To prepare cell lysates, 2 × 107 Jurkat cells, thymocytes, or lymph node T cells were suspended in lysis buffer (20 mM Tris-HCl, pH 7.5, 1% Triton X-100, 150 mM NaCl, 1 mM PMSF, 1 mM Na3VO4) and 1 μg/ml each aprotinin, leupeptin, and pepstatin (Amersham Biosciences). After 30 min of incubation on ice, unlysed cells were removed by centrifugation and 100–250 μg of the lysate proteins were then incubated with Protein A sepharose 6B beads (Amersham Biosciences) for 30 min at 4°C followed by 2 h of incubation with specific antibody or rabbit preimmune serum. The immune complexes were then collected over Protein A sepharose and eluted from the beads by boiling in Laemmli buffer. For immunoblotting analyses, immunoprecipitated proteins were suspended in loading buffer, electrophoresed through 10% polyacrylamide gels, and transferred to nitrocellulose membrane. After blocking with 5% skim milk powder in 1× TBST (20 mM Tris-HCl, pH 7.5, 0.9% NaCl, 0.1% Tween 20), membranes were incubated for 1 h with the primary antibody followed by a 1-h incubation with a 1/3,000 diluted horseradish peroxidase–conjugated secondary antibody (Bio-Rad Laboratories) and for 1 min with ECL substrate (Amersham Biosciences) followed by 1–10 min of exposure to Eastman Kodak Co. X-ray film.
Cell Proliferation Assay.
Single cell suspensions prepared from wild-type WAS−/−
ΔGBD thymi and lymph nodes were subjected to erythrocyte lysis in ammonium chloride buffer and then cultured in 96-well plates (2 × 106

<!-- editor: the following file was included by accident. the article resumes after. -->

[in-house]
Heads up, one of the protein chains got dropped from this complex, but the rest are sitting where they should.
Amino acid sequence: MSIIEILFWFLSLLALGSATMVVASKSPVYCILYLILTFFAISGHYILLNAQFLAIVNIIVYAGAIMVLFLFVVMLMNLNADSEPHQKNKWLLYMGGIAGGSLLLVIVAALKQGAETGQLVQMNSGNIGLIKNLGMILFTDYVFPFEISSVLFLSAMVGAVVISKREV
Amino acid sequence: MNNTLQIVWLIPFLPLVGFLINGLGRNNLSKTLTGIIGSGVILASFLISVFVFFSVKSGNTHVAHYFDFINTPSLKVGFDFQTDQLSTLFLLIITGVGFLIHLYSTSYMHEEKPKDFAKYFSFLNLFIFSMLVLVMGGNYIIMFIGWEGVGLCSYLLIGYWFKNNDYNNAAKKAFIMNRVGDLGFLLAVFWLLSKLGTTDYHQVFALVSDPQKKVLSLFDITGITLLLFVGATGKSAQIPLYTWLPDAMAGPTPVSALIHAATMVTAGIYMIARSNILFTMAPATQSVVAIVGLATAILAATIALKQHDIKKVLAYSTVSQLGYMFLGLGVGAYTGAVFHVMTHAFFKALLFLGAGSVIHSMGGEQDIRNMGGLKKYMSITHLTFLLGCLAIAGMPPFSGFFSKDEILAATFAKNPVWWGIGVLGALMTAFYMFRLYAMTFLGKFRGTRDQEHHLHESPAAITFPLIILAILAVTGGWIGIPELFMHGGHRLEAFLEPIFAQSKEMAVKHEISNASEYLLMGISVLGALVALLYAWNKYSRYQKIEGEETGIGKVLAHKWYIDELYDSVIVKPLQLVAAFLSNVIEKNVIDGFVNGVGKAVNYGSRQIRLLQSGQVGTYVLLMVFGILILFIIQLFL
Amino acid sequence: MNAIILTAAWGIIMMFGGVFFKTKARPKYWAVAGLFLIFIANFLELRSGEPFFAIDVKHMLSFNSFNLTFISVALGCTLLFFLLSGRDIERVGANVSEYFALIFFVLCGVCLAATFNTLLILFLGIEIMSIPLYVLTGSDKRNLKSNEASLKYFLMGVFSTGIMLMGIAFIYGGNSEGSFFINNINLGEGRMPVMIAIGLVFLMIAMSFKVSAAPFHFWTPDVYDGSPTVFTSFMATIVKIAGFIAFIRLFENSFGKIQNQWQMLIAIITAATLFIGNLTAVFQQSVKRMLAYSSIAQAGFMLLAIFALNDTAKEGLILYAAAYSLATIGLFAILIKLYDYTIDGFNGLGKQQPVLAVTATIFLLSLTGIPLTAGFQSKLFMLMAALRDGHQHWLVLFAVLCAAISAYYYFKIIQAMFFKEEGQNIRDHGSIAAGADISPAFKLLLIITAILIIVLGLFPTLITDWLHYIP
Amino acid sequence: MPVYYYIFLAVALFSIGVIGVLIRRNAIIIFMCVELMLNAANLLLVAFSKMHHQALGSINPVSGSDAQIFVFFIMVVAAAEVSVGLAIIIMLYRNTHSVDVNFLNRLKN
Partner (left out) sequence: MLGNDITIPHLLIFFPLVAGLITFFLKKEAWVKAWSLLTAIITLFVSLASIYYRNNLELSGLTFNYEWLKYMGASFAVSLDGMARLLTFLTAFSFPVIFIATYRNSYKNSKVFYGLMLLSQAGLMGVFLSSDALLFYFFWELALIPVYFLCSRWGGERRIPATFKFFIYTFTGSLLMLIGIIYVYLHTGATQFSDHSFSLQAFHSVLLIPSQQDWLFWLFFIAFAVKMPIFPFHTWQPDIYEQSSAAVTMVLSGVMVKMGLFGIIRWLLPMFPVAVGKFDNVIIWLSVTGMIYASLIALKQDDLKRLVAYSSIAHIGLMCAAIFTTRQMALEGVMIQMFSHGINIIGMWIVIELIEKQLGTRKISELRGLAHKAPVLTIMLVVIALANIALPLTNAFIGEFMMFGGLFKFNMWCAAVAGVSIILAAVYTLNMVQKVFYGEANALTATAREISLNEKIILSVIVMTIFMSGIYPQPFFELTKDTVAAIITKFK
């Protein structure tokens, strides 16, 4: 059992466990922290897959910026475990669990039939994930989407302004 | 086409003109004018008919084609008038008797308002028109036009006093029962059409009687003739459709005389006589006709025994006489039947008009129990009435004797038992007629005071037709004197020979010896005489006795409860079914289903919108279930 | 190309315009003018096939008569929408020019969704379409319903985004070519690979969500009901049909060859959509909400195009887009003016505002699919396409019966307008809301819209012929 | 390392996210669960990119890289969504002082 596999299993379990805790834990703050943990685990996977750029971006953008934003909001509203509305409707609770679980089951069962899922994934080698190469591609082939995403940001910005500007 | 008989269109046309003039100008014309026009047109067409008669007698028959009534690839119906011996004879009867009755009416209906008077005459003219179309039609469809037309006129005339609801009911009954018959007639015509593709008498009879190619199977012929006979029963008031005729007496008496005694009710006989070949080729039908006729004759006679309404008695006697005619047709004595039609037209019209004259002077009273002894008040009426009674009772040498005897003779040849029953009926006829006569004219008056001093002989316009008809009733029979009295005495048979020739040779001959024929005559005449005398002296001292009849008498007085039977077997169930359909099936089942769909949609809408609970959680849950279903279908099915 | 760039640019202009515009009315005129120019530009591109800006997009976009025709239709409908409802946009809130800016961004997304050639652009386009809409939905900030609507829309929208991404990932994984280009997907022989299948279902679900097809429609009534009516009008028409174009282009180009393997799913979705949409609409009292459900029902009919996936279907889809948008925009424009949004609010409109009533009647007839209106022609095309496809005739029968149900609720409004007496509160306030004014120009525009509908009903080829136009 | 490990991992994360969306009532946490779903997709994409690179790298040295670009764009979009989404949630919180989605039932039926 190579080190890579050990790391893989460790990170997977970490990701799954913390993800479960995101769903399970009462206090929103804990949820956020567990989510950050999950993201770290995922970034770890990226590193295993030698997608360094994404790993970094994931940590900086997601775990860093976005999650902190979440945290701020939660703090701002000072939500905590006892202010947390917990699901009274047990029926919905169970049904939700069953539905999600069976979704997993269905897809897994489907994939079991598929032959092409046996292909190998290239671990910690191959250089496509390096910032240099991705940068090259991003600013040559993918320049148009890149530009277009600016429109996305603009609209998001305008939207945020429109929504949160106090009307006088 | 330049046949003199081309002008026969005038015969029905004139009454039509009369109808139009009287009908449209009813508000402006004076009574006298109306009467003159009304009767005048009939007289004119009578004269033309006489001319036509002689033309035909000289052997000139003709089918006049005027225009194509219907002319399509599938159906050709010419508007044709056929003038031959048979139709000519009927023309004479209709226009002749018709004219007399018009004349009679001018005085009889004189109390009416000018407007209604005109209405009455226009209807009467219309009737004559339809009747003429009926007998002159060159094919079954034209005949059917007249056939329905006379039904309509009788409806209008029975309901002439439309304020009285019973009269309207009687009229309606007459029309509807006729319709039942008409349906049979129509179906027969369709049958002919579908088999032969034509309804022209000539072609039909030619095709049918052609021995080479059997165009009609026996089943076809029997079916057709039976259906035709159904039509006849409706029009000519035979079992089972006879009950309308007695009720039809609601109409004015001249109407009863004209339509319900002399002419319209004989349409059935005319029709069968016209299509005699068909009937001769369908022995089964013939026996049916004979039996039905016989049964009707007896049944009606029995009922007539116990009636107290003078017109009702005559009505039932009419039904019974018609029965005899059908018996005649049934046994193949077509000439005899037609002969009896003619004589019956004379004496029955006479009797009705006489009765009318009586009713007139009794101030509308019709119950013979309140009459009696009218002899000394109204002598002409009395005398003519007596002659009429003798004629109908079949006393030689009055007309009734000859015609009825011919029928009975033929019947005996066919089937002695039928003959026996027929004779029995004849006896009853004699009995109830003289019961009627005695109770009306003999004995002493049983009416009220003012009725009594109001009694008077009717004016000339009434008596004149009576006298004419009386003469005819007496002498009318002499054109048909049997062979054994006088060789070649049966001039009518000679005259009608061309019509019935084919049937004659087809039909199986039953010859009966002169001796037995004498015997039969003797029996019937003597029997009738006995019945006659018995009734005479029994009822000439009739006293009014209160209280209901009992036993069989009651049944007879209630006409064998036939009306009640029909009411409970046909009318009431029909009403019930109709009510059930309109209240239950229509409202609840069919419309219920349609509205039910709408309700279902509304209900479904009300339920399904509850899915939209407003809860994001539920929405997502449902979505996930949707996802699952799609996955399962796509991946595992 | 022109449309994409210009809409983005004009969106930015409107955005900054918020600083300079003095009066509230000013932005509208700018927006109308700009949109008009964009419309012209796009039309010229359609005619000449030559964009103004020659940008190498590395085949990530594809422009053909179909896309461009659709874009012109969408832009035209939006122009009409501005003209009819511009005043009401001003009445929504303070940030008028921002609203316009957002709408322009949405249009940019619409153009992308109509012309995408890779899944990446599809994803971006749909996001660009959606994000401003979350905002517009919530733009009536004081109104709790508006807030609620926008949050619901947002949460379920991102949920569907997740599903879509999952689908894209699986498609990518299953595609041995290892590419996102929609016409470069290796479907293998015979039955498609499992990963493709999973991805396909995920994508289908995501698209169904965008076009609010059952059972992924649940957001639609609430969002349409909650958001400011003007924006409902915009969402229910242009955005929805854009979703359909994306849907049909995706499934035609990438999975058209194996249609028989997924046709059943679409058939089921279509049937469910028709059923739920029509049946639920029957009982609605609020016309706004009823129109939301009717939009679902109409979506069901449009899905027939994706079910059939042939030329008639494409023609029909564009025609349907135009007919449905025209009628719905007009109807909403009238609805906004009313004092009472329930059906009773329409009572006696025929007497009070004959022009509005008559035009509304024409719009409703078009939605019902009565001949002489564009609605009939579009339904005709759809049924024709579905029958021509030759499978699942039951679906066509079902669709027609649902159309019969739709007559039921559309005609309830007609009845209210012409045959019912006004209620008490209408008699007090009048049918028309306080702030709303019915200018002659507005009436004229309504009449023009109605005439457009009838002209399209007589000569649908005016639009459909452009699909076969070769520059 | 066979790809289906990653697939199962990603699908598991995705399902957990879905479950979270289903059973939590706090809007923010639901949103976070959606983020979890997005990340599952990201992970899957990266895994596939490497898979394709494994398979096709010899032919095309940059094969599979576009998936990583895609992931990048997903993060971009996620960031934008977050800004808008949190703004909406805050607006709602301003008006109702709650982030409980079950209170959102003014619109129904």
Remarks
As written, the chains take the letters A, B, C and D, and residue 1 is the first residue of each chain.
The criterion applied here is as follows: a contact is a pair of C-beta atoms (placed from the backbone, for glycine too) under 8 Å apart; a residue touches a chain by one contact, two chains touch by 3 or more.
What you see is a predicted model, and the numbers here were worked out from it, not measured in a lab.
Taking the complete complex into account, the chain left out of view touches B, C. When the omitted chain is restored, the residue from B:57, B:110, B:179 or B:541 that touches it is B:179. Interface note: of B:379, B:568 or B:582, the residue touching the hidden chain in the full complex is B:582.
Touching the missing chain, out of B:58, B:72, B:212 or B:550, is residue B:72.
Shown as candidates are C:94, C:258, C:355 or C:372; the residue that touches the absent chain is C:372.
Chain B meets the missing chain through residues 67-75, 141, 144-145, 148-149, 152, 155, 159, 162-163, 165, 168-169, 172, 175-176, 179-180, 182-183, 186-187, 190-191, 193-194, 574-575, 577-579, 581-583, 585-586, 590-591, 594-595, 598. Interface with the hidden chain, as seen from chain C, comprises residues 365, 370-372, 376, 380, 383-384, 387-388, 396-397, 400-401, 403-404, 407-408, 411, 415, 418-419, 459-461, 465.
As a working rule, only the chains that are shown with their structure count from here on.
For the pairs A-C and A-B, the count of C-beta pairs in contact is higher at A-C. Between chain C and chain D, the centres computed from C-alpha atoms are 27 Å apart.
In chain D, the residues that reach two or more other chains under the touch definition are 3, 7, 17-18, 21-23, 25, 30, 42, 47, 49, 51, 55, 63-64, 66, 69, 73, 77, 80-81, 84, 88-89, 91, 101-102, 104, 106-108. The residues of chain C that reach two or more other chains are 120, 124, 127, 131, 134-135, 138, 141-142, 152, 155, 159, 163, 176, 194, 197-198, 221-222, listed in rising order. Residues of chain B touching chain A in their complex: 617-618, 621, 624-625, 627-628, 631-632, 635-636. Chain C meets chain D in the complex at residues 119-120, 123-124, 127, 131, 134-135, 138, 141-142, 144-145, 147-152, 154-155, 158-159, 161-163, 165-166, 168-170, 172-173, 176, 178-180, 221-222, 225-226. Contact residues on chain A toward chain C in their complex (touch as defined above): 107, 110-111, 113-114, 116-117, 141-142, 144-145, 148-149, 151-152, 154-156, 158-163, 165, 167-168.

cells/ml) for 48 h in culture medium alone or with 0–25 μg/ml plate-bound anti-CD3
antibody with or without 0.2 μg/ml anti-CD28 antibody. Cultured cells were pulsed with 1 μCi/well [3
H]thymidine for 18 h and incorporated radioactivity was measured using an automated β scintillation counter.
Generation of Fusion Proteins and In Vitro Binding Assays.
Fusion proteins were derived by transforming Escherichia coli with pGEX2T vectors containing full-length PSTPIP1, PTP-PEST, WASp, or cdc42 cDNAs, or PCR-amplified fragments representing the PSTPIP1 coiled coil (amino acids 120–358; PSTPIPCOIL) or SH3 (amino acids 365–415; PSTPIPSH3) domains, or pQE-30 vectors (QIAGEN) containing the Fyn, PST-PEST, or PSTPIP1 cDNAs. Fusion proteins were purified from isopropyl-1-thio-β-D-galactopyranoside–induced bacteria using glutathione-coupled sepharose 4B or Ni-NTA agarose beads (QIAGEN), and the amount of bound protein was estimated by Coomassie staining. For binding studies, 5 μg immobilized gluthathione S-transferase (GST) fusion proteins were incubated for 2 h at 4°C with either 250 μM purified 6XHis-tagged protein or lysates from stimulated Jurkat E6 cells. The immune complexes were resolved by SDS-PAGE and immunoblotting analysis was performed with the indicated antibodies. To assay WASp-cdc42 binding, 100 μg GST-cdc42 or GST alone immobilized on glutathione sepharose 4B beads was incubated for 10 min at 30°C with 50 μl GTPγS loading buffer (50 mM Tris-HCl, pH 7.5, 5 mM EDTA, 10 mM GTPγS) followed by the addition of 10 mM MgCl2. Beads were then incubated in 5 mM MgCl2 for 2 h at 4°C with 0.5 mg lysates obtained from Cos-7 cells 36 h after Lipofectamine-mediated transfection of pcDNA3.1 vectors encoding either WASp or WASpΔGBD. Complexes were washed and resolved by SDS-PAGE and sequential immunoblotting analysis was performed with anti-WASp and anti-cdc42 antibodies.
In Vitro Kinase Assay.
Fyn immunoprecipitates obtained from TCR-stimulated Jurkat cells were washed in kinase buffer (20 mM Hepes, pH 7.6, 150 mM NaCl, 5 mM MgCl2, 5 mM MnCl2, 0.25 mM Na3VO4, 0.5% Nonidet P-40, 0.1 mM 2-β-mercaptoethanol) and the complexes were incubated for 30 min at 30°C in kinase buffer containing 10 μCi [γ-32P]ATP (NEN Life Science Products) with 5 μg GST, GST-WASp, GST-WASpY291F, or GST-WASpΔPro fusion proteins. Samples were resuspended in Laemmli buffer and resolved in 10% SDS-PAGE gels. After electrotransfer to nitrocellulose, phosphorylated WASp was visualized by autoradiography.